Kolla: Openstack in Docker containers with Ansible playbooks

Kolla: Openstack in Docker containers with Ansible playbooks

Deploying Openstack isn’t something you do before your first coffee in the morning. There are many choices, from what version and distribution to which Linux distribution and version to run it on. Once that’s decided, the painful task of checking the major and minor release dependencies starts. More often than not, this led to a full re-install of the host OS, making sure no automatic package updating gets triggered.
Having played a lot with Docker, I was sure someone else must have added 1+1 together and looked into taming Openstack into Containers. Well, turns out I was right. I found the following presentation with video from the Openstack Summit in Tokyo 2015:

Kolla: Ansible Deployment + OpenStack in Docker Containers = Operator Bliss

The main Kolla website can be found here: https://wiki.openstack.org/wiki/Kolla

I had to experience this for myself, so I picked a running server that I have been using for some Docker related work that runs Ubuntu 16.04.1 LTS. The following notes describe the individual steps in getting Openstack Kilo up and running. The quick start guide from Kolla http://docs.openstack.org/developer/kolla/quickstart.html has been very helpful in bringing up an “all-in-one” setup and I document here only area’s I initially struggled with:

1. Host machine with 2 (or more) interfaces

The recommended deployment target requirements besides memory and disk space are 2 (or more) network interfaces. My server only has a single public interface, so I followed the hint about using a virtual ethernet veth pair and bridging one veth with the single public eth0 interface. To make this change permanent, I wanted this to happen via /etc/network/interfaces, which requires bridge-utils package to be installed:

apt-get bridge-utils

Content of the updated /etc/network/interfaces:

### Hetzner Online GmbH - installimage

# Loopback device:
auto lo
iface lo inet loopback
iface lo inet6 loopback

auto  eth0
auto br0
iface br0 inet static
  pre-up ip link add veth0 type veth peer name veth1
  pre-up ifconfig veth0 up
  pre-up ifconfig veth1 up
  bridge_ports eth0 veth0
  bridge_fd 0
  bridge_maxwait 0
  # default route to access subnet
  up route add -net netmask gw br0

iface br0 inet6 static
  address 2a01:4f8:172:2ee6::2
  netmask 64
  gateway fe80::1

2. /etc/kolla/globals.yml

After following all the steps from the quick start guide, it was time to make the required changes to globals.yml. I wanted to take advantage of prebuilt packages, so opted for the tag 2.0.2. The default ‘3.0.0’ failed, forcing me to look a bit more into the source of these tags. I found the tags on https://github.com/openstack/kolla and 2.0.2 seemed like a good choice. The quick start guide recommends to run ‘kolla-ansible prechecks’, which I used extensively. I got stuck twice, once when it failed with finding a free port for Horizon and once about being able to ping an address (yes, it failed because the ping succeeded). The first problem with Horizon was that I still had a web server running on port 80, though I only figured this out by looking into the task file https://github.com/openstack/kolla/blob/master/ansible/roles/prechecks/tasks/port_checks.yml. The second issue was a bit harder to resolve, because I couldn’t simply pick a valid free IPv4 address due to my rented server only having one address. Some research revealed an unsupported setting ’enable_haproxy: “no”, that takes care of it.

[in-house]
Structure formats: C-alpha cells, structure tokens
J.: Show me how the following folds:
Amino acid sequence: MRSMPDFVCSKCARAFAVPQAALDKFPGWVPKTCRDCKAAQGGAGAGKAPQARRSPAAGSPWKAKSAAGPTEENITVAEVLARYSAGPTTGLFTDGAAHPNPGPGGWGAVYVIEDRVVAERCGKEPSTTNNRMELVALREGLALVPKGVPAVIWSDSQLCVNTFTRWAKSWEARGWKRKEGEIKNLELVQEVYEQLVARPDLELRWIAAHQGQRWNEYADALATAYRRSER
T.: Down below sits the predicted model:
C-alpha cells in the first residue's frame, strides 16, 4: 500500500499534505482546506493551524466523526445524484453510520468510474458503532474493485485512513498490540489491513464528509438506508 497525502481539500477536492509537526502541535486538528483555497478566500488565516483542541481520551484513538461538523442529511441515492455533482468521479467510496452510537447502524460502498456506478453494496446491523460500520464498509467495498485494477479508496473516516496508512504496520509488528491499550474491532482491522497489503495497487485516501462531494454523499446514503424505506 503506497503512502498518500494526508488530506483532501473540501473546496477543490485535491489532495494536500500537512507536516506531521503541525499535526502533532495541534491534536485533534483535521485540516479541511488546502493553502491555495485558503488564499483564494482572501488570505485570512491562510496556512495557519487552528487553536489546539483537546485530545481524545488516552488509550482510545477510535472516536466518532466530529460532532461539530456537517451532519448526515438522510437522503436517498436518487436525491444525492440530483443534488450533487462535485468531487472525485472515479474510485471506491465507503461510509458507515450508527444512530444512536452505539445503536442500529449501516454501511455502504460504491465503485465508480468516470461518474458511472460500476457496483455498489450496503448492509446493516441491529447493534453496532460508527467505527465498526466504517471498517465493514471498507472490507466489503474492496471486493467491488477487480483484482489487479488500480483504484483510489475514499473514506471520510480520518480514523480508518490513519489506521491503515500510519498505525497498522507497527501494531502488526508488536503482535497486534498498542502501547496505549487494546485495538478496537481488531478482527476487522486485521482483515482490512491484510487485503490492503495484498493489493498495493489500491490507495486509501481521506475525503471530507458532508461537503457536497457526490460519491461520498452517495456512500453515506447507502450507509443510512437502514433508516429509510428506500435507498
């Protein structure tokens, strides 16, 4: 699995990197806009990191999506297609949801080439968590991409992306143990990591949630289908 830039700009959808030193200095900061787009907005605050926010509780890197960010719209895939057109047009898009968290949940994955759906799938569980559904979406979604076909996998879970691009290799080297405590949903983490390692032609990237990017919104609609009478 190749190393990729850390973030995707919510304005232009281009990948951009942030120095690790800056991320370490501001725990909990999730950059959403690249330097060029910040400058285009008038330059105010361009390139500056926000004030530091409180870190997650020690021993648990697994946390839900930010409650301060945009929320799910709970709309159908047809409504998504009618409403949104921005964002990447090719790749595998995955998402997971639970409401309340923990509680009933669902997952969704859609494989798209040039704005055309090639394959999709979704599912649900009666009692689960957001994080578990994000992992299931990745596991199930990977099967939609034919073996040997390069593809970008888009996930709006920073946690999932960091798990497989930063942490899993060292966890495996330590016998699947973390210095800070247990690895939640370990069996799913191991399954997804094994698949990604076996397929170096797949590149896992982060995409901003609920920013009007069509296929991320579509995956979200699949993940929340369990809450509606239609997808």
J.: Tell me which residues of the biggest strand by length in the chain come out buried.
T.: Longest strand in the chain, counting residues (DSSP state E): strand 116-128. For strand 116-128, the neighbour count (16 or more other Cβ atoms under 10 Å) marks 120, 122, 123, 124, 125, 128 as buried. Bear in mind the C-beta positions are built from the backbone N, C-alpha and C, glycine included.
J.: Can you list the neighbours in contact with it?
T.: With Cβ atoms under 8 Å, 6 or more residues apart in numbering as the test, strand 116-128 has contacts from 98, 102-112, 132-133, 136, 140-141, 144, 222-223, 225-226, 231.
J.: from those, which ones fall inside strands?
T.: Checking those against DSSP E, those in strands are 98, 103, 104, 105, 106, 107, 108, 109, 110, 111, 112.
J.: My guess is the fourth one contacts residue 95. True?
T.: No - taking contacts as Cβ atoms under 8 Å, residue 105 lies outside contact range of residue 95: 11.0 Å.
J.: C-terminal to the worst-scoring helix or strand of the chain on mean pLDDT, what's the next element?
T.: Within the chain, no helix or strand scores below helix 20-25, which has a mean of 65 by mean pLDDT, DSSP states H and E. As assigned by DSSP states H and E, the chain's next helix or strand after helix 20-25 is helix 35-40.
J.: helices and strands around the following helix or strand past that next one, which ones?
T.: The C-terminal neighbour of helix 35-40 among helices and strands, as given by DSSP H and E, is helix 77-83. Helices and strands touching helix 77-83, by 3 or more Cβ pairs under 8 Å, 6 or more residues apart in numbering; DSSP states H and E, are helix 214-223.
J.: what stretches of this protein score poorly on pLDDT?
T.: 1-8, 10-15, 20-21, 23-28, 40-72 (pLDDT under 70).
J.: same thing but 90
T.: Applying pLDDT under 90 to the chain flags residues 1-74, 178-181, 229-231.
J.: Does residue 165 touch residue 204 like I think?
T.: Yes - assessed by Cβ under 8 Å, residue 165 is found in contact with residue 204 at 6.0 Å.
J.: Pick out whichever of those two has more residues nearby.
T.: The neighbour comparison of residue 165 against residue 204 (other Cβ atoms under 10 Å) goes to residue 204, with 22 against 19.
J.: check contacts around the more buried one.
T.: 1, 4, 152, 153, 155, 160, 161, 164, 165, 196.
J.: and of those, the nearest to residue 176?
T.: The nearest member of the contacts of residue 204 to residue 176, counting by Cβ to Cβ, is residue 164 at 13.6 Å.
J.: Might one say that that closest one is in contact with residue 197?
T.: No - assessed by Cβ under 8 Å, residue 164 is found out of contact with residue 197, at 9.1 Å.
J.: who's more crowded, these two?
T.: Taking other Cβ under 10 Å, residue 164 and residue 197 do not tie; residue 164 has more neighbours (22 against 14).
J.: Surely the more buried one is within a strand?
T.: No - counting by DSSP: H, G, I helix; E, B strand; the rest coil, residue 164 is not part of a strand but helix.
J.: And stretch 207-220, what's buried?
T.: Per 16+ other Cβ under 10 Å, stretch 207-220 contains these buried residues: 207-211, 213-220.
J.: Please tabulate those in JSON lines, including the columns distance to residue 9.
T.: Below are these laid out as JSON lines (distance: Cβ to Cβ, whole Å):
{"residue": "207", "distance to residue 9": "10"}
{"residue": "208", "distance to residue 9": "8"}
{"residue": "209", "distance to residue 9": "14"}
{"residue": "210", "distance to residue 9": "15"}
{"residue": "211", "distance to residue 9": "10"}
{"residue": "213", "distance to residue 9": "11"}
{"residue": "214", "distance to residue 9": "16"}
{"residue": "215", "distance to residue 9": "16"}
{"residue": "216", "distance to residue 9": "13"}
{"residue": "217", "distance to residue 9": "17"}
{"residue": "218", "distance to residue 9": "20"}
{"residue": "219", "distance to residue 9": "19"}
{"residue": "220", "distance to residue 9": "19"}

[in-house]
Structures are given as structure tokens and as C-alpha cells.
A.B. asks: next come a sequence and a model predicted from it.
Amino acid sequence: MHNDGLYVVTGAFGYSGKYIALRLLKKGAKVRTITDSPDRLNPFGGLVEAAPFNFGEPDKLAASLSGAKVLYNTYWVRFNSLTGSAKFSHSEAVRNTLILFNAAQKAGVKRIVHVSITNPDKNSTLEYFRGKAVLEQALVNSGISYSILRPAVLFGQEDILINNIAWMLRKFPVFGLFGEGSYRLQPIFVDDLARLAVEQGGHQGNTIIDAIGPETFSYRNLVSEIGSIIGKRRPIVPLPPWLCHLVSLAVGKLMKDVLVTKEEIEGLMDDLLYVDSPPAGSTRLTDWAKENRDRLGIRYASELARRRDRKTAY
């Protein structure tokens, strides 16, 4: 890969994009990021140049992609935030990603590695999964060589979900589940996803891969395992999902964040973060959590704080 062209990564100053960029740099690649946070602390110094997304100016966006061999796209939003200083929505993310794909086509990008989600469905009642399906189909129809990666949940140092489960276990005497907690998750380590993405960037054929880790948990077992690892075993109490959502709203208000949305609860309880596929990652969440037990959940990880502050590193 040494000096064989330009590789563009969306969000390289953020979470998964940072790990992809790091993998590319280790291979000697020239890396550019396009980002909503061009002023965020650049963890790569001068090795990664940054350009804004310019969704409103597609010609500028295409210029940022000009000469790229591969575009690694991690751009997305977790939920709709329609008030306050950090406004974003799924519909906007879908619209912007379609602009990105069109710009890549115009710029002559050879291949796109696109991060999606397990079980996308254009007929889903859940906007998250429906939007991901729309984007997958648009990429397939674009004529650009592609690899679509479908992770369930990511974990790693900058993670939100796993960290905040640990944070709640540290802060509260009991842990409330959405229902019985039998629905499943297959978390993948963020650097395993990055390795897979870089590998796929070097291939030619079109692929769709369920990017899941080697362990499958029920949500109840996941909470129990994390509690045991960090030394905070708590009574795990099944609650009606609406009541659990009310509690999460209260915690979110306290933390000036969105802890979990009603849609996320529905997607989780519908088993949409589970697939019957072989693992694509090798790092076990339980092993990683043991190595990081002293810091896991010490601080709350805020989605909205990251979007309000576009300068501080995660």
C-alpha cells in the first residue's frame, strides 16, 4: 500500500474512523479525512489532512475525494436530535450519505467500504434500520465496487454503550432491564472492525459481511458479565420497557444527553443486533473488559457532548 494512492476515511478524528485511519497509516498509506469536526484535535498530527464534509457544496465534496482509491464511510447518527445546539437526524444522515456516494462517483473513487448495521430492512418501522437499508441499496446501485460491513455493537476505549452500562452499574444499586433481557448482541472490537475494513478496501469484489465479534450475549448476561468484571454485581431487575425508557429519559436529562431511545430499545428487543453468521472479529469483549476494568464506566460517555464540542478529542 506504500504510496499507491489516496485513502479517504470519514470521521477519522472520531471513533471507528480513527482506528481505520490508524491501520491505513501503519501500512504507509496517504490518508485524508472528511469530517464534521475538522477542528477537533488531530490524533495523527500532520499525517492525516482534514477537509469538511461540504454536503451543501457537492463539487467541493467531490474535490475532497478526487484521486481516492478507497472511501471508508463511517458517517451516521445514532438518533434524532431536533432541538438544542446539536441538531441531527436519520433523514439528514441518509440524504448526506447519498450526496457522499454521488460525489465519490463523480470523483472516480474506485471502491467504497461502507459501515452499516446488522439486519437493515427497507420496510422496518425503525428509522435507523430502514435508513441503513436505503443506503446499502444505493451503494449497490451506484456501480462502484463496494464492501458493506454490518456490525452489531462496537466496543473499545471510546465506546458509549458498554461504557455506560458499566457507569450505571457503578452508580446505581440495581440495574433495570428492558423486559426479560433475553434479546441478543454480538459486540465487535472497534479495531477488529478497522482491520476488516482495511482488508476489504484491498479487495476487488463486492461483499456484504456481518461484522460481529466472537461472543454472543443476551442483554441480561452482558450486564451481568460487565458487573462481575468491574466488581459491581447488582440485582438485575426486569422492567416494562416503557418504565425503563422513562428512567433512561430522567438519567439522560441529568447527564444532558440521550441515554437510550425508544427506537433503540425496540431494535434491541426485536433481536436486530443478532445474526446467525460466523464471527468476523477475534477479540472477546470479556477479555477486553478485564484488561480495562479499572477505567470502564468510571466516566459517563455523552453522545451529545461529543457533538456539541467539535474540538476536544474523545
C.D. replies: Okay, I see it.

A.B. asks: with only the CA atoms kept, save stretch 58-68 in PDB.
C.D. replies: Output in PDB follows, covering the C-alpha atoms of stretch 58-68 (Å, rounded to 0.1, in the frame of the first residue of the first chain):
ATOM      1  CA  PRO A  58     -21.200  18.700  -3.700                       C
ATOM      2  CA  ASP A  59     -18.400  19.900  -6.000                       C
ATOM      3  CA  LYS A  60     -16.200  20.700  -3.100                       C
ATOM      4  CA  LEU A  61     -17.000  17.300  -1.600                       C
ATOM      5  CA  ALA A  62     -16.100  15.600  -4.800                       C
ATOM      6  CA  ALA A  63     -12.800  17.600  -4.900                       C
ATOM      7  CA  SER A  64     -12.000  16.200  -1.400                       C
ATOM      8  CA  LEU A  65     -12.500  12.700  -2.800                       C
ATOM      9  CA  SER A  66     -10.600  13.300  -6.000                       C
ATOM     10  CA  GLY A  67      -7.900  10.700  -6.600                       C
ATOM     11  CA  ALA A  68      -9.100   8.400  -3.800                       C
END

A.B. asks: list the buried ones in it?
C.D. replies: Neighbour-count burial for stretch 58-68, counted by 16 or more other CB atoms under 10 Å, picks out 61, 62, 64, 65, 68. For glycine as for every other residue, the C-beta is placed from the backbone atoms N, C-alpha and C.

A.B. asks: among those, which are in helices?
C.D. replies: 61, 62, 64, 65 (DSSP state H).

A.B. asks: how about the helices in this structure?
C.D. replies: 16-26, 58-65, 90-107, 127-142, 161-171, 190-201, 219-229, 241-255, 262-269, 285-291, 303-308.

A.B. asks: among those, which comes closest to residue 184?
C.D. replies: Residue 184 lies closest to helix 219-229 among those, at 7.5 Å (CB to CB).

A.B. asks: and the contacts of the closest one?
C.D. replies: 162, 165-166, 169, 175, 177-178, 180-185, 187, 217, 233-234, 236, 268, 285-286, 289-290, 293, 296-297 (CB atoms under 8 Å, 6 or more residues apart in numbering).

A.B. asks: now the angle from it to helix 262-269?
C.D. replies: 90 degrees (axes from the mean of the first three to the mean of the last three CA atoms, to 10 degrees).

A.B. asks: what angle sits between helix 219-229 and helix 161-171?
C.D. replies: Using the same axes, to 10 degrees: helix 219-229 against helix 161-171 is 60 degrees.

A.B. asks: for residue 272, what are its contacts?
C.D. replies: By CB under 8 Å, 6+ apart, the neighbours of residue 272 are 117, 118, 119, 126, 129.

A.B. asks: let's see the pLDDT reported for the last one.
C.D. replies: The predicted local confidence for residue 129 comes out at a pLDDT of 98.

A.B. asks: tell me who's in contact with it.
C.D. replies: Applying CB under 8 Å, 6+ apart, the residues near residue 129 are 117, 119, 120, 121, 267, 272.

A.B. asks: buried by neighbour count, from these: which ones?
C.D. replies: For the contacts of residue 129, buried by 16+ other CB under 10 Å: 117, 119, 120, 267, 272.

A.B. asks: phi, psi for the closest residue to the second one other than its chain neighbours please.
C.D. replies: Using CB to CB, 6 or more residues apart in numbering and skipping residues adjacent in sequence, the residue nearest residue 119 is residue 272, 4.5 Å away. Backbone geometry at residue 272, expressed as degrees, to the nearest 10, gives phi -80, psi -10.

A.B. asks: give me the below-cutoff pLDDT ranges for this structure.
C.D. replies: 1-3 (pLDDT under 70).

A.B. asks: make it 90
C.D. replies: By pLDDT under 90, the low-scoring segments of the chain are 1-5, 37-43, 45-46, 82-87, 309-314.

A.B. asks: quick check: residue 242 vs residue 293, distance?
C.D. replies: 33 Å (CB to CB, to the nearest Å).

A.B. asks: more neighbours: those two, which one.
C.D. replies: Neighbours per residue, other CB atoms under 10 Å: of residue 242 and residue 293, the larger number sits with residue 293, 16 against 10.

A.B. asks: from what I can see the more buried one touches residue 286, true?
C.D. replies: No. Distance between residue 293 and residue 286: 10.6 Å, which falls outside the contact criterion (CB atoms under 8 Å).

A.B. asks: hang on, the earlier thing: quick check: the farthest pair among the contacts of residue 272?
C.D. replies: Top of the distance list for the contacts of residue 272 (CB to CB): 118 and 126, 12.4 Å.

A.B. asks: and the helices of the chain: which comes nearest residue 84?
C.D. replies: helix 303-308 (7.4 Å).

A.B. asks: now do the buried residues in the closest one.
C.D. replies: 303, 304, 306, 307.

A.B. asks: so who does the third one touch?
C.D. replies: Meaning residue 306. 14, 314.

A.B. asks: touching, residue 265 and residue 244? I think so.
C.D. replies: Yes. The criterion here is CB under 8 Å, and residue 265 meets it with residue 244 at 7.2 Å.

The winning combo for my server is shown as unified diff:

$ diff -u etc/kolla/globals.yml /etc/kolla/globals.yml 
--- etc/kolla/globals.yml 2016-08-13 18:33:47.089230761 +0200
+++ /etc/kolla/globals.yml 2016-08-14 10:43:24.668329507 +0200
@@ -17,13 +17,16 @@
#kolla_install_type: "binary"

# Valid option is Docker repository tag
-#openstack_release: "3.0.0"
+openstack_release: "2.0.2"

# This should be a VIP, an unused IP on your network that will float between
# the hosts running keepalived for high-availability. When running an All-In-One
# without haproxy and keepalived, this should be the first IP on your
# 'network_interface' as set in the Networking section below.
-kolla_internal_vip_address: ""
+kolla_internal_vip_address: ""
+# don't have spare IP on the server in the public cloud
+enable_haproxy: "no"

# This is the DNS name that maps to the kolla_internal_vip_address VIP. By
# default it is the same as kolla_internal_vip_address.
@@ -58,7 +61,7 @@
# This interface is what all your api services will be bound to by default.
# Additionally, all vxlan/tunnel and storage network traffic will go over this
# interface by default. This interface must contain an IPv4 address.
-network_interface: "eth0"
+network_interface: "br0"

# These can be adjusted for even more customization. The default is the same as
# the 'network_interface'. These interfaces must contain an IPv4 address.
@@ -72,10 +75,10 @@
# though an IP address can exist on this interface, it will be unusable in most
# configurations. It is recommended this interface not be configured with any IP
# addresses for that reason.
-neutron_external_interface: "eth1"
+neutron_external_interface: "veth1"

# Valid options are [ openvswitch, linuxbridge ]
-#neutron_plugin_agent: "openvswitch"
+neutron_plugin_agent: "linuxbridge"

With above changes, ‘kolla-ansible prechecks’ ran without complaints and I was able to successfully deploy Openstack with ‘kolla-ansible deploy’.

The quick start guide also gives good guidance about cleaning up a failed deployment:


3. Final steps

Only now I realized, that I never set any password, particularly none for Horizon. Well, turns out, there was a step in the quick start guide, ‘kolla-genpwd’, that generated all of them. There is a post deploy ansible script that generates the openrc file and another script to populate glance with an image and a neutron network:

kolla-ansible post-deploy
. /etc/kolla/admin-openrc.sh

4. Trying it out

Logged into Horizon as user admin in Domain default, using the password from the admin-openrc.sh file. Launched successfully two cirros images on a test virtual network.

Openstack Horizon UI
Openstack Horizon UI

Heureka! All worked. Now lets look at the running containers, 27 in total:

Running Containers
Running Containers

They are using the following, pre-built Docker images pulled from the Docker Hub:

mwiget@sa:~$ docker images |grep centos